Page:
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Have you considered testing the medical manufacturing waters? Make sure you understand the quality 
issues involved before taking the plunge.

Cynthia Rancourt

February 10, 2011

5 Min Read
Learning to swim as a supplier in 
the QbD waters


With the regulatory push toward the concepts of Quality by Design (QbD), OEMs are expecting a lot more from their contract manufacturing organizations (CMOs) and their contract research organizations. Over the past four years my company, with its independent laboratory testing facility, has seen a significant increase in onsite audits by medical clients who now are required to prove their suppliers meet their quality/compliance requirements. At the same time, we have met the increased compliance requirements through ISO/IEC 17025 accreditation, GMP Gap analysis by an FDA expert, and companywide GMP training of lab personnel, including risk management and method validation (two large components of the QbD process).

For medical parts processors, quality must be in their DNA. Jeff Somple, president of Mack Molding Co. (Arlington, VT), says the first person he would hire when moving into the medical field is a quality manager. Medical accounted for only 1% of Mack’s revenue in 2000 but now it accounts for just over 30%, and the company expects it to be 50% in a few years.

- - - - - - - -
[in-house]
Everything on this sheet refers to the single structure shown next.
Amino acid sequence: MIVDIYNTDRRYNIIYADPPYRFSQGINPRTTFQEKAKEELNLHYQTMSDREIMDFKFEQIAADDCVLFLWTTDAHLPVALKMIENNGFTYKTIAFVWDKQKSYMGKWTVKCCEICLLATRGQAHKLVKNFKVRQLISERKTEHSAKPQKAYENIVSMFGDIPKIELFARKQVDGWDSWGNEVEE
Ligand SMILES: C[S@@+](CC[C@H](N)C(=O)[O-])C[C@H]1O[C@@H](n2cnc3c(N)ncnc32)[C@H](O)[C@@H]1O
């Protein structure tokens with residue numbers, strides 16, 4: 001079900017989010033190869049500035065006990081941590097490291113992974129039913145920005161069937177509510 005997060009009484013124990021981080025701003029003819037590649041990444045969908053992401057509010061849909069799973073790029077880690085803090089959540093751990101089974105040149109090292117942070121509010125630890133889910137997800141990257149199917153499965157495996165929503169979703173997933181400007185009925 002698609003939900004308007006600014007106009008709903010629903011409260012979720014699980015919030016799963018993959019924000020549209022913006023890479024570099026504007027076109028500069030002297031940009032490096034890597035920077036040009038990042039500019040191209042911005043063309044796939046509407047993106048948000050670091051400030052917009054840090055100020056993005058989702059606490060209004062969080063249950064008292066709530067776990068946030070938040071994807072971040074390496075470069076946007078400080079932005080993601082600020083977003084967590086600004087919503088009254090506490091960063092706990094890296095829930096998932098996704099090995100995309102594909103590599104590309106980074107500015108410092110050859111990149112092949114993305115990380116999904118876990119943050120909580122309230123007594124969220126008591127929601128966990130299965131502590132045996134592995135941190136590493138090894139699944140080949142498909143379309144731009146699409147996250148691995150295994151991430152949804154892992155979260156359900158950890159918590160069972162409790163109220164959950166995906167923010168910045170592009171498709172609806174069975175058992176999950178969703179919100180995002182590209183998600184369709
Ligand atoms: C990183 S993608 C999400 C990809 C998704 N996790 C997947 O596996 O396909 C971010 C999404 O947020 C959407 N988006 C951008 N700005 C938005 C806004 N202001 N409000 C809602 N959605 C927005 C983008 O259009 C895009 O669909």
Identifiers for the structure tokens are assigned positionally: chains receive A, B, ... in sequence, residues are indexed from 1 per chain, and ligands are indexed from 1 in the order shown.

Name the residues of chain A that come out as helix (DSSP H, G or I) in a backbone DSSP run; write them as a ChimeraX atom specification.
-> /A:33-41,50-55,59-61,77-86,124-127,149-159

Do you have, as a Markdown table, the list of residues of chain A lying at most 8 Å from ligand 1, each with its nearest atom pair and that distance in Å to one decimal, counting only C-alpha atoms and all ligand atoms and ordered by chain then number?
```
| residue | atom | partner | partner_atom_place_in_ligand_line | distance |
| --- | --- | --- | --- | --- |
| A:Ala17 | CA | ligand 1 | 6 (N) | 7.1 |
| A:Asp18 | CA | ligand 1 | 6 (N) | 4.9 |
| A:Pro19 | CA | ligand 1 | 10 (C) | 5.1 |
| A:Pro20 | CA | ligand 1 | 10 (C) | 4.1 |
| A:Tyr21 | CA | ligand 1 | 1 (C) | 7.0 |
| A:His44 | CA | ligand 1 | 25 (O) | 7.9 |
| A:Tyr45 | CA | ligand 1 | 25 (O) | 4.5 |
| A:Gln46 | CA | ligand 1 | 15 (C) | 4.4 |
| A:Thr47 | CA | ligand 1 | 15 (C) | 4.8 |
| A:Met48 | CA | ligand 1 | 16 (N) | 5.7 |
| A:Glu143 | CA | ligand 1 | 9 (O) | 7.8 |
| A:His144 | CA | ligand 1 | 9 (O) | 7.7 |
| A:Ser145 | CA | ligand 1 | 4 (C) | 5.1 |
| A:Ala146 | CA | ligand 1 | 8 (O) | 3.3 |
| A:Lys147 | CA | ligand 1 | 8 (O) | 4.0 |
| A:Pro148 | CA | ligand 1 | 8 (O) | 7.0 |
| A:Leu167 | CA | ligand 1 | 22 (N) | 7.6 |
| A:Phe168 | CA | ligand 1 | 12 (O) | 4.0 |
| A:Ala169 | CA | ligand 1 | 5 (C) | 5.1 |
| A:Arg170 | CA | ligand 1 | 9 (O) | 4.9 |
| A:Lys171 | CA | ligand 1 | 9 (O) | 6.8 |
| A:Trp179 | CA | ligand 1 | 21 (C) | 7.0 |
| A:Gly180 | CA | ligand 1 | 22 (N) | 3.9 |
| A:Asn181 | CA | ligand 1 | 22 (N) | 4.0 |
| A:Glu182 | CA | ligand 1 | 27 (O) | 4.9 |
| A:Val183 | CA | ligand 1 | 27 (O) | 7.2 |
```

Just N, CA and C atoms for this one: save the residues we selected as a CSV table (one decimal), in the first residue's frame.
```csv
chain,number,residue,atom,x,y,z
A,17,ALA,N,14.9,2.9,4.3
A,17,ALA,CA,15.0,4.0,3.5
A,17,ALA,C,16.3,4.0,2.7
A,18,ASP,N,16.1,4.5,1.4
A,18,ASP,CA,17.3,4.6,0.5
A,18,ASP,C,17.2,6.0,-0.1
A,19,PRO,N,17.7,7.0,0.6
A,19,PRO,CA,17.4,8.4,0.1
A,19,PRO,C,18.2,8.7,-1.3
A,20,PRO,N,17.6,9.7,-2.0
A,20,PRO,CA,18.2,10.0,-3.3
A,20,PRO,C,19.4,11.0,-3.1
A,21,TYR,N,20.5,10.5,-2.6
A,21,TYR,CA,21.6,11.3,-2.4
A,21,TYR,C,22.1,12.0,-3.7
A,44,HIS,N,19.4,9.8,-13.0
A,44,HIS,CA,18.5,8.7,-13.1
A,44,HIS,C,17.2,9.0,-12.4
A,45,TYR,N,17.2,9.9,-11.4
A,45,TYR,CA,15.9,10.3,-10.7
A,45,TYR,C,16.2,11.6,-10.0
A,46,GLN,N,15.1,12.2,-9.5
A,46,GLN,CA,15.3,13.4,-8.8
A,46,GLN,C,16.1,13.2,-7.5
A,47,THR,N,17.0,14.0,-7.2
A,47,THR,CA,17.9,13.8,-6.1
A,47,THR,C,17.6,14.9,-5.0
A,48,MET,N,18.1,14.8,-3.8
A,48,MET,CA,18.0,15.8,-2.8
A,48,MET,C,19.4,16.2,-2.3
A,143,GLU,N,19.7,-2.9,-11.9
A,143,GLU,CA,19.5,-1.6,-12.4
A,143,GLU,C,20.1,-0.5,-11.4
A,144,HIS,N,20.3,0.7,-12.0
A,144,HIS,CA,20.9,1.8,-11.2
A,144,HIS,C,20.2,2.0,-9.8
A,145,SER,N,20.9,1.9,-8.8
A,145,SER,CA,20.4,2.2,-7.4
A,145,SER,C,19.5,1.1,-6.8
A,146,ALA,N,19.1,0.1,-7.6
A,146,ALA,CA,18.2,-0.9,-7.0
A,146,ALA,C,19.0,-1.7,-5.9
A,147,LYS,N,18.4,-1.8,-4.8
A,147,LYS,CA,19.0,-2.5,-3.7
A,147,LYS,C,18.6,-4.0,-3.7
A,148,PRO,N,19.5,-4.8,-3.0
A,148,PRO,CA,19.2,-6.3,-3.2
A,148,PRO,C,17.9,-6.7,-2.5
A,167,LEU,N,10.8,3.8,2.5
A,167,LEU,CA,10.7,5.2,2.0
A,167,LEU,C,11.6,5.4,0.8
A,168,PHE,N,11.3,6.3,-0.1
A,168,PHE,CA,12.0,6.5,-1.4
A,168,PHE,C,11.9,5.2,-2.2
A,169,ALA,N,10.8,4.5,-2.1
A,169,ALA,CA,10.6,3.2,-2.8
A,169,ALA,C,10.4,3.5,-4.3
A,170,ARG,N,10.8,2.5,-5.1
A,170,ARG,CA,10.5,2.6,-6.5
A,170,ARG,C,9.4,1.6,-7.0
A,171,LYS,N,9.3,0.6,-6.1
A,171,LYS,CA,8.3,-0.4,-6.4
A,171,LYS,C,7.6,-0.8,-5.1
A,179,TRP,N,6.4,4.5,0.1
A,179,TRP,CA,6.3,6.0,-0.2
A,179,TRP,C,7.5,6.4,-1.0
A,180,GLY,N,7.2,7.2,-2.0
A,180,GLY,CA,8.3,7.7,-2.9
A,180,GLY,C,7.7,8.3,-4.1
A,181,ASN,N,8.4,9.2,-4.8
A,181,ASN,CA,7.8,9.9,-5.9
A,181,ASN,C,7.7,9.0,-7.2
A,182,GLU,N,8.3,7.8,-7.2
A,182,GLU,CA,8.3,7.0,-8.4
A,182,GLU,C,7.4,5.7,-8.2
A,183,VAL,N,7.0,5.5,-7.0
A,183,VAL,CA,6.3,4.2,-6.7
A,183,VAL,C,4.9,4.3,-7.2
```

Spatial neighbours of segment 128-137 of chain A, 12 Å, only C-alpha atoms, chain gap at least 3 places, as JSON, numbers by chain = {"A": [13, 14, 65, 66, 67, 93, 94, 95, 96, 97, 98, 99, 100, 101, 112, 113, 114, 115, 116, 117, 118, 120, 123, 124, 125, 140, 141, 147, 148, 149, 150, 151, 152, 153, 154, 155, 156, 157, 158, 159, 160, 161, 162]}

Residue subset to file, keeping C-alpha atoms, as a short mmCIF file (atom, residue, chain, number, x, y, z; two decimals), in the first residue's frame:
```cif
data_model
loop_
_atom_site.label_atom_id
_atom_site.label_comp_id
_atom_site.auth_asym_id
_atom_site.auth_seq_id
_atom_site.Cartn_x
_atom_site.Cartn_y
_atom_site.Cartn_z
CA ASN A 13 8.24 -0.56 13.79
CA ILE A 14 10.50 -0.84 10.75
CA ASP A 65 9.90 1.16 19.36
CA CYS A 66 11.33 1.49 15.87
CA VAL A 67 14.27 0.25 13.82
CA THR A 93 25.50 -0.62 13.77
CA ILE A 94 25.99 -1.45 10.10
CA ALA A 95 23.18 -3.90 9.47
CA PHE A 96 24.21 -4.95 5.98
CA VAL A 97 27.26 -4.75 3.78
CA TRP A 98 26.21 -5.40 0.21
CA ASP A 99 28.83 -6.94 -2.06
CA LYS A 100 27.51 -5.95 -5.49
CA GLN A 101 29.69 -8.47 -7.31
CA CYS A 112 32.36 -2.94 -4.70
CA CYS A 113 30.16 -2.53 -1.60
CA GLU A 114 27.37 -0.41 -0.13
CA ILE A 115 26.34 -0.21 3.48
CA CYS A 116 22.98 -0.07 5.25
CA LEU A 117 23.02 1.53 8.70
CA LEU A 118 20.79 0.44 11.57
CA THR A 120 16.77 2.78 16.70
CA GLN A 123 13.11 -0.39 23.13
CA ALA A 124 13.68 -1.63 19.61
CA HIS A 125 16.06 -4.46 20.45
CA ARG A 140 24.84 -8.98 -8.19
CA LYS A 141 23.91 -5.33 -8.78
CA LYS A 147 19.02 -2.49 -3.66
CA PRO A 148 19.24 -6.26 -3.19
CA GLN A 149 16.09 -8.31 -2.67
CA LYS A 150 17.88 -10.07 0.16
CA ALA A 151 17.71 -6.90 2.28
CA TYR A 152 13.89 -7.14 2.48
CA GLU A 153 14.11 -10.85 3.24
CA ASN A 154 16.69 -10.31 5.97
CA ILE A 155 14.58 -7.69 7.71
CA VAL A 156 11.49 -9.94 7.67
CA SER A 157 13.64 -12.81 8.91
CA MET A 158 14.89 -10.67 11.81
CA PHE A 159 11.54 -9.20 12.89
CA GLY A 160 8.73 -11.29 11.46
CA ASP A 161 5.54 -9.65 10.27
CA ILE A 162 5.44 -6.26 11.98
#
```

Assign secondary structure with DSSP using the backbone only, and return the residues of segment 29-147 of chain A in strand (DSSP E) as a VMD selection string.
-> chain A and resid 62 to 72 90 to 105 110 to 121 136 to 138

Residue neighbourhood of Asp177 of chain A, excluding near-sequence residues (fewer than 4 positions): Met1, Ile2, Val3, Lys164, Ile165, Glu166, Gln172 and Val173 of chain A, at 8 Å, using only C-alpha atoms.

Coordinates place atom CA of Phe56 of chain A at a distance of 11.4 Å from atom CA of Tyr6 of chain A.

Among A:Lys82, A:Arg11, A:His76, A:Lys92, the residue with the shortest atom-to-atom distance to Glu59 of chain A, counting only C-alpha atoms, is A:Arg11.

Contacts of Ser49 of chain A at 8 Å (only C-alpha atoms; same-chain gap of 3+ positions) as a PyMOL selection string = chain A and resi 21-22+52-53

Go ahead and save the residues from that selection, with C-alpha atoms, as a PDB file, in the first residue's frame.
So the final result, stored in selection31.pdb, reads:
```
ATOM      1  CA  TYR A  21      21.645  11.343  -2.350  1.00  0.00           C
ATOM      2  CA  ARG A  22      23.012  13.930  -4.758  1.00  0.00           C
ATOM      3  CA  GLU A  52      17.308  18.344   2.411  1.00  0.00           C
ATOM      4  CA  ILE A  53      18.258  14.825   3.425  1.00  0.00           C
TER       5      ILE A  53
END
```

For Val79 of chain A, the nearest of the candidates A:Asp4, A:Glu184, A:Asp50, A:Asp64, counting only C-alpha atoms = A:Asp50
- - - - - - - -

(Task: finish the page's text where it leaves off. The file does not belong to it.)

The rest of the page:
For medical molding, he relates, “Quality must be first, second, and third.” When referring to the transition to the medical market, Somple states, “The water is fine, but it’s also 10 ft deep and there’s no lifeguard, so you’d better know how to swim.” Plastic molders and compounders need to understand the high expectations and requirements of the heavily regulated medical products markets.

Chief marketing officers and chief risk officers must raise the bar in their companies with their level of technical, scientific, and regulatory sophistication as OEMs are putting a greater emphasis on partnering with their suppliers earlier in a product’s life cycle. Adopting the QbD concepts found in the International Conference on Harmonisation (ICH) Q8, Q9, and Q10 is a good business strategy. The ICH brings together the regulatory authorities of Japan, Europe, and the United States to discuss the scientific and technical aspects of drug registration.

According to Wynn Bailey, partner in the life-science advisory practice at PricewaterhouseCoopers, “QbD presents a real opportunity for companies to achieve dramatic improvement on the front end of the product life cycle by reducing process development and scaleup time, and further down the road by reducing ongoing manufacturing costs.” A supplier must understand the critical requirements of the product it supplies and how its product is being used.

In the last five years, at medical device symposiums, workshops, and conferences, and in technical articles, leaders in the field repeatedly have spoken of the importance of building a close partnership with suppliers. Unfortunately, little is ever spoken about how this relationship actually happens. Branding initiatives, successful quality audits, and extensive marketing tactics are all valid components of a supplier’s strategy in building partnerships with OEMs, but they are not the heart of the matter. The bottom-line question remains, “What is the expertise a supplier must bring to the table for successful development of the client’s product through its entire life cycle?” Again, it’s your DNA—what you as a supplier are really made of—that matters most.